Calling Alois Ruf a tuner amongst those in the know is tantamount to insulting the faith. The man is widely held as a deity after 25 years of creating such legends as Yellowbird, the original Porsche CTR that starred in the firm's now legendary video, Fazination. That film was passed among car fanatics like a crumpled porn magazine in the playground and that, along with his inclusion in the Gran Turismo video games, helped cement his legend.
Until now all his headline creations have been so closely based on the 911 that only the cognoscenti could tell them apart. He had to move to the next level, and greeting us at the sprawling factory was his own supercar--the Ruf CTR 3.
The bright sunny day helped its cause, but that exterior finish is a wonder to behold, and it isn't the cheap plastic wrap that most tuners have turned to. Instead it's a painstaking paint process involving layer upon layer and costs several hundred euros per liter. So if you see this car don't get too close--your insurance company might hate you.
It's hard to avoid being blown away by the overall shape of a car that looks like the very best modern day homage to the classic Porsche GT1 (with a hint of 550 Le Mans racer). The obvious comparison with Porsche's own Carrera GT is like placing a Gordon Ramsey steak filet next to a McDonald's patty. Ruf has blown away Stuttgart's crown jewel on the pure-theater stakes with just a fraction of the budget. Maybe from the rear three-quarter view it has the slightest hint of blown up Cayman, but that would be a harsh judgement.
Dissect the shape, though, and the silhouette of a Porsche 911 GT3's front end, albeit dressed with Ruf's own expensive carbon-fiber spoiler, becomes apparent, making this one of the most expensive cut-and-shut jobs on the market. That's because using the front structure of Porsche's own flagship neatly sidesteps crash-testing requirements. From the doors back it's a whole new car, with a tubular steel chassis combined with carbon-kevlar to provide the most rigid mid-engine chassis Ruf could muster.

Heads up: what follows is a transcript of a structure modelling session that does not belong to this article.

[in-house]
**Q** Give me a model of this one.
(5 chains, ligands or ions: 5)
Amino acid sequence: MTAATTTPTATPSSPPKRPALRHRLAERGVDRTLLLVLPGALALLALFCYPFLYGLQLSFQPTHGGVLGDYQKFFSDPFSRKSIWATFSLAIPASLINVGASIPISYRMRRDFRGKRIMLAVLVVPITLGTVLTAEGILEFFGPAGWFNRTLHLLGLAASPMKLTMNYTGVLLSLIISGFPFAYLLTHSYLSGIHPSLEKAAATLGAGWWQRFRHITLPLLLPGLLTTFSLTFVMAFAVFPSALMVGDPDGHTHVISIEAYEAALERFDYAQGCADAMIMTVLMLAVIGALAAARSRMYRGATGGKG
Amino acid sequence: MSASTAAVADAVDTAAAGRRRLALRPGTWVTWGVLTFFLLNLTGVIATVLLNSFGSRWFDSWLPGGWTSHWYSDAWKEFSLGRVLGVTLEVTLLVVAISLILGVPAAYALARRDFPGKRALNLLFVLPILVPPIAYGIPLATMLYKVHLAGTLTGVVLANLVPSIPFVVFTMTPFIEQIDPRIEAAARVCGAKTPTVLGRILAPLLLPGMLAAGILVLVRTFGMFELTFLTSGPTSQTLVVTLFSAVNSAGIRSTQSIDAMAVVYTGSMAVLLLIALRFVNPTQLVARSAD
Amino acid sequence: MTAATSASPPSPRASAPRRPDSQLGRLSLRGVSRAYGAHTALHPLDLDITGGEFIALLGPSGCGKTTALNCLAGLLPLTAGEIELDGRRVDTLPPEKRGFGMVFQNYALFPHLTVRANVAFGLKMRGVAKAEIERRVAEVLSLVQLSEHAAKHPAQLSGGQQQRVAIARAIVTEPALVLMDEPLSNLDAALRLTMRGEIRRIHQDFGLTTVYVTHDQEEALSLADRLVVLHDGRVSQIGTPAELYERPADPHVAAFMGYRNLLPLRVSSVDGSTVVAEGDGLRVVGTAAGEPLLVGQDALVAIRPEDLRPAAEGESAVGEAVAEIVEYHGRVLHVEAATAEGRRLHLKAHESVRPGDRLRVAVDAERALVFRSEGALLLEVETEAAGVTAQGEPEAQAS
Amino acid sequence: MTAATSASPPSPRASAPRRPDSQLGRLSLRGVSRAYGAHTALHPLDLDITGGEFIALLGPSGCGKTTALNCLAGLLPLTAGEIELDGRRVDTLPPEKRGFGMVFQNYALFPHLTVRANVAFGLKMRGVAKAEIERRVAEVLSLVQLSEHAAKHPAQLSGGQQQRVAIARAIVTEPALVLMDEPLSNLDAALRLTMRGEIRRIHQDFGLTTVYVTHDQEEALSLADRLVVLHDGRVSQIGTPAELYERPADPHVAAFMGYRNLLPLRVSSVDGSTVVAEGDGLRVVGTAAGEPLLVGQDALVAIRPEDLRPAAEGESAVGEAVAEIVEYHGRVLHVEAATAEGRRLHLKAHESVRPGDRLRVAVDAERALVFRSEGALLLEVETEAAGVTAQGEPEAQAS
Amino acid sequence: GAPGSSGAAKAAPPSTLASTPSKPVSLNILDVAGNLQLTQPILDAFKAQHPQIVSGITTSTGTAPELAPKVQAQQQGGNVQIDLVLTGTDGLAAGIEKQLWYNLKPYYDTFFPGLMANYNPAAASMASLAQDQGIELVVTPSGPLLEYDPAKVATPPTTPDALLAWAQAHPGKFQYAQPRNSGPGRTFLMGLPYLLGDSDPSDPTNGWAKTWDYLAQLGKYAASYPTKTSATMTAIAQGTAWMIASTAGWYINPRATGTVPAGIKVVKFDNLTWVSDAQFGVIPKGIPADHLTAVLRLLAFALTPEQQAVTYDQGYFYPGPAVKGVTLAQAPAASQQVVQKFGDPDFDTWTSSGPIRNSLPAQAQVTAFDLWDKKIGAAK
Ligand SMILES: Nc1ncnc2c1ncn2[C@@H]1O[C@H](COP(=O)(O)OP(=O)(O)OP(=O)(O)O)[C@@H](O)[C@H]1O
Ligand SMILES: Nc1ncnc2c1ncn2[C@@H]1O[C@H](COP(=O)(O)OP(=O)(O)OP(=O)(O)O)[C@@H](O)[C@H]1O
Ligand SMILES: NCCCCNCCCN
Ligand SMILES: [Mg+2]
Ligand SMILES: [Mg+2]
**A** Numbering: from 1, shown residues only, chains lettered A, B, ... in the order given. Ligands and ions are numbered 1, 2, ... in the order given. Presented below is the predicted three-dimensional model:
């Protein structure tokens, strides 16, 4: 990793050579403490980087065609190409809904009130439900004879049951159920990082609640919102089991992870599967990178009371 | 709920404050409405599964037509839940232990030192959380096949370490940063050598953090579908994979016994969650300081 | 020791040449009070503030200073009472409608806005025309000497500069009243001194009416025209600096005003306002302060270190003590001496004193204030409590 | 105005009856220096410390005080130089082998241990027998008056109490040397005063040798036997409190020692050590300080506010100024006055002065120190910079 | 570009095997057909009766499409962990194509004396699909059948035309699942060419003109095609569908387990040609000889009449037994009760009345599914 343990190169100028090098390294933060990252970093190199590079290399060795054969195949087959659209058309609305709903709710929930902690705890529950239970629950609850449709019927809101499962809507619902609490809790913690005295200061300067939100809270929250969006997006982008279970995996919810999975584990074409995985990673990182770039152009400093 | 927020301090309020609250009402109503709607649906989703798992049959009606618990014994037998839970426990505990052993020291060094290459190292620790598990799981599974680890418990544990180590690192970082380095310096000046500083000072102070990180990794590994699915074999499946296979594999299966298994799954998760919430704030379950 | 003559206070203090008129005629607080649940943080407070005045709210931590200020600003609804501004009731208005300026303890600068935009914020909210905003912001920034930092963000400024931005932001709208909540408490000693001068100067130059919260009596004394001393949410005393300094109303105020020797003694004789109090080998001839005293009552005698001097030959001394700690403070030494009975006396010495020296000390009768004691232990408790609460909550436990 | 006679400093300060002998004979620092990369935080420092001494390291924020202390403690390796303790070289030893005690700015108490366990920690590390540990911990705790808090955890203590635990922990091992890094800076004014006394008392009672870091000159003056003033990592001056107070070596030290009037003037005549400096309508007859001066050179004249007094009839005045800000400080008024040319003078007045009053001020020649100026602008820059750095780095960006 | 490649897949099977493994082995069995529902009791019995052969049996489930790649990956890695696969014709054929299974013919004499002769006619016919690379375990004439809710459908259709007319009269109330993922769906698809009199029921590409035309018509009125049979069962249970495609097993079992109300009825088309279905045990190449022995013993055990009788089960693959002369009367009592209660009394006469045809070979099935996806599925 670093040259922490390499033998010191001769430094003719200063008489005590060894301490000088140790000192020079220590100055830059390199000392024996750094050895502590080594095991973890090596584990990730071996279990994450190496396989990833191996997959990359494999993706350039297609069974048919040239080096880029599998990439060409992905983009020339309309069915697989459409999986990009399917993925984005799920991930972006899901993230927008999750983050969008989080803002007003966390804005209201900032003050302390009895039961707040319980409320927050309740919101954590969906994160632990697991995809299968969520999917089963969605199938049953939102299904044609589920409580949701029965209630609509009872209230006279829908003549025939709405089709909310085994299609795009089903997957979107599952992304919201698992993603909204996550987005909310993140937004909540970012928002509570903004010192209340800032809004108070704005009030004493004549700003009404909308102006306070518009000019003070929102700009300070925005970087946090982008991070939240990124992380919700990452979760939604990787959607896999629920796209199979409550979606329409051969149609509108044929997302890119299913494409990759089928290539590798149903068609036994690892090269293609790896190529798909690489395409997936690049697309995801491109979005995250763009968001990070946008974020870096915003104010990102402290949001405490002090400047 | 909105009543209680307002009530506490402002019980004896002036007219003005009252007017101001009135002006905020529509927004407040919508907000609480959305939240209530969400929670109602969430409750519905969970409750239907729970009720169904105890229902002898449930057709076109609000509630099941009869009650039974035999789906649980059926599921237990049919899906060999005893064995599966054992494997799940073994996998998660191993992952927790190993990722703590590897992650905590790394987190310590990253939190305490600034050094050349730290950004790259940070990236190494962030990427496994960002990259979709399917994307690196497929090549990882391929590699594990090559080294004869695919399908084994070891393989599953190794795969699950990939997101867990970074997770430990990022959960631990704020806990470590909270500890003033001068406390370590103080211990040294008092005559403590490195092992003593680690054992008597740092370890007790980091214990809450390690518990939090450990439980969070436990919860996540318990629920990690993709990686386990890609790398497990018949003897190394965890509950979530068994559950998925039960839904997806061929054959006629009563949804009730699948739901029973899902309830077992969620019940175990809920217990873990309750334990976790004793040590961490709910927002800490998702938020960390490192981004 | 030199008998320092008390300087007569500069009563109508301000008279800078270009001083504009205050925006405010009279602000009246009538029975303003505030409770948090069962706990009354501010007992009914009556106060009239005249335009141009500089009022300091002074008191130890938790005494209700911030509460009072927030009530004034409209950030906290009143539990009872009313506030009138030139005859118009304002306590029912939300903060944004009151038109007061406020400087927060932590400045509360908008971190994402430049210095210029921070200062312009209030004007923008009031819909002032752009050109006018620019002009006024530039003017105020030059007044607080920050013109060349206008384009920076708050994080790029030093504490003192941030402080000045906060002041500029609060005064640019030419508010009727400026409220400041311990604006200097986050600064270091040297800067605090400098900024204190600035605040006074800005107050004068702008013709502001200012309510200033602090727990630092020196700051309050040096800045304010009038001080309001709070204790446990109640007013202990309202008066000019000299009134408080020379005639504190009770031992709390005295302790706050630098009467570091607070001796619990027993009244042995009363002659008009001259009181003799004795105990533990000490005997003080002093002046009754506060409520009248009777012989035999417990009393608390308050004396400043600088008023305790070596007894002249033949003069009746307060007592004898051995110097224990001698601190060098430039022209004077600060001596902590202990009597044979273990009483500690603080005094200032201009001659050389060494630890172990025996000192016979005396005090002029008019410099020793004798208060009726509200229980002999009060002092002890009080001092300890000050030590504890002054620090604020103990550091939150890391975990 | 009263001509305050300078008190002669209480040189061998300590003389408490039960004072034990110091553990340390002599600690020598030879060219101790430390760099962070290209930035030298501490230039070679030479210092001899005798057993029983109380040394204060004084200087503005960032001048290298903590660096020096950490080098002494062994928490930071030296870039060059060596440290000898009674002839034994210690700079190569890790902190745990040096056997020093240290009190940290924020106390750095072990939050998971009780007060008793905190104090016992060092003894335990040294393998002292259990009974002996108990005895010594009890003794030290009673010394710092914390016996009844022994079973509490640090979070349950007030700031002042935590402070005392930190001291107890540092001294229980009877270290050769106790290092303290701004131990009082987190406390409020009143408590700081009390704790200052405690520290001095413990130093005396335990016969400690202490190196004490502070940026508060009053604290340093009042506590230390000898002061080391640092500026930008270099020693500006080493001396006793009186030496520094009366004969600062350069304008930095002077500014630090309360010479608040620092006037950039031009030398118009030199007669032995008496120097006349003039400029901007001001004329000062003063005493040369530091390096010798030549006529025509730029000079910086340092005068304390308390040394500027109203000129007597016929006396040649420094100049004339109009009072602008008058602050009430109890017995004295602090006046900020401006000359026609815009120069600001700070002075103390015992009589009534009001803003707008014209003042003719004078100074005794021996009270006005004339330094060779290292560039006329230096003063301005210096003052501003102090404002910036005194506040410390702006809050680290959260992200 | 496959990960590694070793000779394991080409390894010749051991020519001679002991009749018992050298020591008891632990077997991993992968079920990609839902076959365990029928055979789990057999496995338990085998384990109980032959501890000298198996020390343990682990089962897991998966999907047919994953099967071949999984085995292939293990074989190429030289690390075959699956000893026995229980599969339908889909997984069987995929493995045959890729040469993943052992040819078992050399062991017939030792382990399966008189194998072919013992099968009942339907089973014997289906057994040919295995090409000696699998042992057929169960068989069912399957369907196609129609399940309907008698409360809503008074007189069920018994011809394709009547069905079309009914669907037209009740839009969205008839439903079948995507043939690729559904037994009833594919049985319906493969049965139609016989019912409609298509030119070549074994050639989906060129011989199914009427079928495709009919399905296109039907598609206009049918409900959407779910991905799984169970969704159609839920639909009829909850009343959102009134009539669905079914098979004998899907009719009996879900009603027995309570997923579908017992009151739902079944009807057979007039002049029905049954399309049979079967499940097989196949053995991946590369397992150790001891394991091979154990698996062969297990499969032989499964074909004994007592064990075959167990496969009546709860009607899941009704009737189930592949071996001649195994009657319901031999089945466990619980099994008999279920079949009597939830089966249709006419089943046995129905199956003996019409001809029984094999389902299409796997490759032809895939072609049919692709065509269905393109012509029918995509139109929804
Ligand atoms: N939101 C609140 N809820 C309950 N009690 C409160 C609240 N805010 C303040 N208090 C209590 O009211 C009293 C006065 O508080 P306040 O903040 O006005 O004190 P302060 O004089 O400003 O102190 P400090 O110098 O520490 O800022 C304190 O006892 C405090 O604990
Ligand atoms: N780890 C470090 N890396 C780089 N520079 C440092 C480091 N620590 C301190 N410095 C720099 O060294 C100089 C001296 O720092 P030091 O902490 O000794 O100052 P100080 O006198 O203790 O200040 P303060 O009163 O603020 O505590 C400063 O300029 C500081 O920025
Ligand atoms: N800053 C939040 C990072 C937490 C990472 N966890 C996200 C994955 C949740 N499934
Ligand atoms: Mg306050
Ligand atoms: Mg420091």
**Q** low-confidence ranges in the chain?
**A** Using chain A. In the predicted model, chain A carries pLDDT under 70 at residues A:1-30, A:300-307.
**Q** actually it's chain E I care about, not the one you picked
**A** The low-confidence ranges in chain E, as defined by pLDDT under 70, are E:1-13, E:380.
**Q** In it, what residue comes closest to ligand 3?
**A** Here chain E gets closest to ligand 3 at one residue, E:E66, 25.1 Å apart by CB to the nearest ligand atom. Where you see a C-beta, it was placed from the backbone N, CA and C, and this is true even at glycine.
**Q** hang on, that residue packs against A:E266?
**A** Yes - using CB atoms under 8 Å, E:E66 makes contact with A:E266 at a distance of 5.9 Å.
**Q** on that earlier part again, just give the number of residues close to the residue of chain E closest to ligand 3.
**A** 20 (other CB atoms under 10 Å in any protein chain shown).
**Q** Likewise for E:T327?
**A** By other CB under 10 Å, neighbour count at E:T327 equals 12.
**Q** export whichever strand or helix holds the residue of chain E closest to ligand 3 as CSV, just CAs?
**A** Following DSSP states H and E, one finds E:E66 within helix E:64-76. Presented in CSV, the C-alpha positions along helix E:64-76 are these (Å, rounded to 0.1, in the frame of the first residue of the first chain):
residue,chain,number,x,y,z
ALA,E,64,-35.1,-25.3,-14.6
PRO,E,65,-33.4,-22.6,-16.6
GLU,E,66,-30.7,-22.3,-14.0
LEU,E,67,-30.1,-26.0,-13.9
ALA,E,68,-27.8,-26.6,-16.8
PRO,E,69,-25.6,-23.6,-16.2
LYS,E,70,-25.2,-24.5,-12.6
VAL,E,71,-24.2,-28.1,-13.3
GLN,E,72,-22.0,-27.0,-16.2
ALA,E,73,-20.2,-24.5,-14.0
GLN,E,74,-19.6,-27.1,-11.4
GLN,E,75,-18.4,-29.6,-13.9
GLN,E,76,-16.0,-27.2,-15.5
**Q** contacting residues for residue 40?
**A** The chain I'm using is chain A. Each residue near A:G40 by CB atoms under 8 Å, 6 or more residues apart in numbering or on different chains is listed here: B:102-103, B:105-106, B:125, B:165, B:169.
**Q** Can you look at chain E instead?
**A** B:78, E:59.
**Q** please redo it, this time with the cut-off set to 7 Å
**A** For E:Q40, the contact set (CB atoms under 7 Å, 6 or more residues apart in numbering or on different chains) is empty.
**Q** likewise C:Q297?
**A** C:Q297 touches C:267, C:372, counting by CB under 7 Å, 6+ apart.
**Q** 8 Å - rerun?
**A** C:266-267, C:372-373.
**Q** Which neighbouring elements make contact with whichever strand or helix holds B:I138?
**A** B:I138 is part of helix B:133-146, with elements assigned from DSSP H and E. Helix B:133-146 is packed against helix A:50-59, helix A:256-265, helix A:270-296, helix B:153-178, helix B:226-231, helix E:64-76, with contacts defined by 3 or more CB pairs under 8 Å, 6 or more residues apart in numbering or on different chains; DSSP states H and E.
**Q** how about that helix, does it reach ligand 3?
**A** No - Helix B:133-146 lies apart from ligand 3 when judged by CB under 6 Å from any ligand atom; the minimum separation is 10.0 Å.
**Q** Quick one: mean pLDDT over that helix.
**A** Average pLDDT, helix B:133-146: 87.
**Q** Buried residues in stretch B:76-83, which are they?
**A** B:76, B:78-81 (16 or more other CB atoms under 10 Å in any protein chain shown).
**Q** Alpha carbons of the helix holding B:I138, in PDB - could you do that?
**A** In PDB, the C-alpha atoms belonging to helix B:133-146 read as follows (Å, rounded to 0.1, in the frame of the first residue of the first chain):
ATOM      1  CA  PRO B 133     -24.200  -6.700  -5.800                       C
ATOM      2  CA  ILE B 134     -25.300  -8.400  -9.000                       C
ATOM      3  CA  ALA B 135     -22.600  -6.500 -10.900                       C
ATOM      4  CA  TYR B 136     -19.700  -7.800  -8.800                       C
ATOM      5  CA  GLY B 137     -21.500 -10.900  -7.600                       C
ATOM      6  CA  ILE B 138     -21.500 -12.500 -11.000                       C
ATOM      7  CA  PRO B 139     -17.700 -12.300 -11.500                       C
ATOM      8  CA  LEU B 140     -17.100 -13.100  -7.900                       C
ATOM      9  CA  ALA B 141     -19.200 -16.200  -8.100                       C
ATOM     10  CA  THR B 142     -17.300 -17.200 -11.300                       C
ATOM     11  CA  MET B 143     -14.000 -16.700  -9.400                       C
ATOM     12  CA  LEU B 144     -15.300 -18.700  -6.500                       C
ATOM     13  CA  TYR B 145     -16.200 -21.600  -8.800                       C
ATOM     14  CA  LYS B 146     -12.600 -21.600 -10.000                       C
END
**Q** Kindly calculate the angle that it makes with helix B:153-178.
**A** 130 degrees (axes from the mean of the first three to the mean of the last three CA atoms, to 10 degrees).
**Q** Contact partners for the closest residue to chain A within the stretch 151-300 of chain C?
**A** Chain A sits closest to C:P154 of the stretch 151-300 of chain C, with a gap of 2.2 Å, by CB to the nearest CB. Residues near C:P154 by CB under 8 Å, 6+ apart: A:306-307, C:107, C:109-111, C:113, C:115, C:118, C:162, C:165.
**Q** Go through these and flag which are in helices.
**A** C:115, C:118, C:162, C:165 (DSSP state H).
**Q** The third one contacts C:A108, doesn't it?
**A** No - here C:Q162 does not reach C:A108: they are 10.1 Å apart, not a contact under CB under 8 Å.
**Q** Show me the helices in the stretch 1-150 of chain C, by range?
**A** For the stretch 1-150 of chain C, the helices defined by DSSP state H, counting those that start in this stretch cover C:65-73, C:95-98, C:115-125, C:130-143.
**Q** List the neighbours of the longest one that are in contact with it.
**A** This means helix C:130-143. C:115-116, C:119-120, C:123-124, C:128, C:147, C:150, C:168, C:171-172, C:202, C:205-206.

That swooping back end, meanwhile, adorned with vents galore, affords zero visibility. But then again there's a reverse camera, and with a 700-hp mid-mounted, twin-turbocharged engine you shouldn't really need a rear view--just the monumental rear wing and carefully honed aero package to suck the CTR 3 to the deck at speeds up to 234 mph.
Hook up the launch perfectly, get those 20-inch rear Michelin Pilot Sports to bite into the tarmac, and the CTR 3 will hammer through 100 km/h in 3.2 seconds. Then it's just a case of pulling back on the sequential lever, linked to a specifically developed gearbox, with serious force to get the next cog while mashing the throttle to the carpet to bend time and space. It all feels a little too easy, fast but easy, until the tachometer needle heads through an invisible 4000-rpm watershed, the turbos kick into life, and all manner of hell breaks loose.
Every time the addictive mechanized sneeze of the wastegates greets the next wave of power, the next unadulterated surge from 656 lb-ft of pure thrust fires the car at the horizon. The whooshing noise of forced induction, with those turbos hitting an indecent 17.4 psi, backs up the growling roar of the 3.8-liter engine and it feels even faster than the numbers dictate. That's almost Veyron-fast, but then it comes with rear-wheel drive and an overall weight of 3,086 pounds--thanks largely to the carbon--makes it feel so much more agile, so much more involving.
Throw the car into bends and it simply powers through the touch of understeer dialed in to the horizontal dampers to protect the customers from their own inevitable moments of stupidity. This is a near perfectly balanced car for the road, even though they swear it's unbelievable on the track. It's easy to buy that.